On Germany … On Veteran’s Day

George Santayana famously claimed that “those who cannot remember the past are condemned to repeat it.” To the extent that this is true, Germany is in no danger of repeating its 20th century history. No place on the planet has done more to memorialize its own heinous past.

Since Germany was reunified and Berlin designated its capital in 1994, its attempt at redemption has been focused on the Holocaust. The question of how adequately to commemorate its victims has been addressed in part by the establishment of scores of Holocaust memorial sites, some of which are minor, and others of which are major, even monumental. Berlin’s Memorial to the Murdered Jews of Europe, designed by architect Peter Eisenmann, stretches 4.7 acres, with a centerpiece consisting of some 2,500 geometrically arranged concrete pillars, situated on a deliberately slanted slope.

Memorials like these have been called “counter-monuments” or “anti-redemptive” because they seek not to perpetuate the memory of a noble past, but to perpetuate the memory of an ignoble one. Never forgetting becomes tantamount to forever atoning – and to never repeating.

The memorializing of the Holocaust continues even now. Beneath the spanking new headquarters of the European Central Bank, in Frankfurt, is a basement just designated a monument. It consists only of rooms that between 1941 and 1945 kept captive some 10,000 Jews, until they could be deported to concentrations camps. The rooms remain bare – silent testimony.

While Germans have grappled with their Nazi past for decades, they are only now coming to grips with their Communist past. Between roughly 1945 and 1990 East Germany was a communist state. Some of the implications of this are mundane – lives that in some ways were cherished, but in other ways were difficult, grayer in any case and more meager than those of their West German capitalist counterparts.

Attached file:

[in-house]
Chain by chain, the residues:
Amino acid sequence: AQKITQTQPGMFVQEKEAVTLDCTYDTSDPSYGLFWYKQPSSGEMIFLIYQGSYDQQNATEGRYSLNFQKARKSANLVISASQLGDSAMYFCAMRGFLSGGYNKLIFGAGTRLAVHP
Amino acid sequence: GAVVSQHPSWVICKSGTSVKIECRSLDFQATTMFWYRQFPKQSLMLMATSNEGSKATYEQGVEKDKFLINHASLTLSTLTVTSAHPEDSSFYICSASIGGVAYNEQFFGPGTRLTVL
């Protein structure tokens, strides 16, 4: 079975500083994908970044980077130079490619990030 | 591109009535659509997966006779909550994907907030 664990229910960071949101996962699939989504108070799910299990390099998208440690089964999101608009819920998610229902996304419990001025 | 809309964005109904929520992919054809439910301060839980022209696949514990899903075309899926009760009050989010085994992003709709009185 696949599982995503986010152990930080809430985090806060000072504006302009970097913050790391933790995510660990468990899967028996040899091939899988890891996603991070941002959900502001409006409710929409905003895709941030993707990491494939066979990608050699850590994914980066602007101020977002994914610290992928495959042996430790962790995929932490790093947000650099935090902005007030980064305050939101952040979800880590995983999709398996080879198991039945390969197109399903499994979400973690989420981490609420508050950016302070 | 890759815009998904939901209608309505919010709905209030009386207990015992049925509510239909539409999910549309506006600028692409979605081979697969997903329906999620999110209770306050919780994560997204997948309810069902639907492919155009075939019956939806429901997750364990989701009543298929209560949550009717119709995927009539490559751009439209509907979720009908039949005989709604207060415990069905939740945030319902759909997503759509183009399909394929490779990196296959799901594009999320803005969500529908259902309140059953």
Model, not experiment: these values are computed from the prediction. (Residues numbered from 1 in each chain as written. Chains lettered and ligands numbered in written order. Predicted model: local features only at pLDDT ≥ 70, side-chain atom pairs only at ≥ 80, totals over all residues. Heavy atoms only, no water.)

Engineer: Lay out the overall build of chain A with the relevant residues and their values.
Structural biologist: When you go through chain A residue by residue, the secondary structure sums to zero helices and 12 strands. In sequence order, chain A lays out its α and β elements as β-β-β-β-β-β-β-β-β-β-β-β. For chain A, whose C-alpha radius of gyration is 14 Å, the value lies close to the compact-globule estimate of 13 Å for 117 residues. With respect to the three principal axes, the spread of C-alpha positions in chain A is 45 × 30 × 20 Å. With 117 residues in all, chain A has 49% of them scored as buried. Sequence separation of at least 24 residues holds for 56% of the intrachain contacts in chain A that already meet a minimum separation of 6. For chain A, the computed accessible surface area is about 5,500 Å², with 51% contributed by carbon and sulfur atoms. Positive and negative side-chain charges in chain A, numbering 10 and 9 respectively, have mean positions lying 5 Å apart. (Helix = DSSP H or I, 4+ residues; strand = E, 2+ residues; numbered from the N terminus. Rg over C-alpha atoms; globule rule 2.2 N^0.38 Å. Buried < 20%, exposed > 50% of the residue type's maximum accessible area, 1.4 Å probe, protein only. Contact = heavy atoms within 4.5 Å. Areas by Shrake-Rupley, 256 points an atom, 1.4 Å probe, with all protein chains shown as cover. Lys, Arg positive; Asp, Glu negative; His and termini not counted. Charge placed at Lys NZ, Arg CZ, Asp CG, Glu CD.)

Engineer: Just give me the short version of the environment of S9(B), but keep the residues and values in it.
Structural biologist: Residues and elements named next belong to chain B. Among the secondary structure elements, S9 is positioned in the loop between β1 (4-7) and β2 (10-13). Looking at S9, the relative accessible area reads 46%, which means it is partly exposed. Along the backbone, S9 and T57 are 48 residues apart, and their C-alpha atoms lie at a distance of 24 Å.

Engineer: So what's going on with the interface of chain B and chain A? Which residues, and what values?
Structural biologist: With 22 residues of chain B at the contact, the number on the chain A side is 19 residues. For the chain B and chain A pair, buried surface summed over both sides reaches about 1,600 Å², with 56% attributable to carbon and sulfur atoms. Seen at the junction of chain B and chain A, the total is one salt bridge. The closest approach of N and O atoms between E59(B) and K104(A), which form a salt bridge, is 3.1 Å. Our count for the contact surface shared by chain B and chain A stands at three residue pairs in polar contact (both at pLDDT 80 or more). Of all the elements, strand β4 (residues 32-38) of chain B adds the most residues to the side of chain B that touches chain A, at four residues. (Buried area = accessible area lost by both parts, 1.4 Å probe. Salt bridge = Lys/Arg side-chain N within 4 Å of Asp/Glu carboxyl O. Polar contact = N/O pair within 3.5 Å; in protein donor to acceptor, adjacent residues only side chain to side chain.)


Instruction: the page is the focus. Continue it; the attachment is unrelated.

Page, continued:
There is, however, one aspect of life under communism that resembles life under Nazism, and that therefore requires similar  scrutiny. It was the Stasi, or Secret Police. The Stasi was modeled on the Soviet Cheka: it was famously oppressive and repressive and, equally famously, it was intrusive. It pried into people’s private lives and, if they were in any way suspect, spied on them, harassed them, and even arrested them. By 1989, on the eve of its dissolution, the Stasi had 91,000 full time employees, and a network of 189,000 informers.

In recent years, as former East Germans have aged and died, and as historical records, especially Stasi archives, have become available, Germany has begun carefully to examine this chapter in its history.  It now has exhibitions, museums, and memorials dedicated to exploring its Communist past, including, in Berlin, a Stasi Museum. With the passage of time, then, has come an unprecedented attempt by Germans to own their past – in its entirety.

Only time will tell what impact grappling with Germany’s recent past will have on Germany’s distant future – if any. We cannot now know if counter-monuments immunize against evil. What we can do, though, is to respect those intent not on burying their painful past, but bent instead on exposing it to the harsh light of day.

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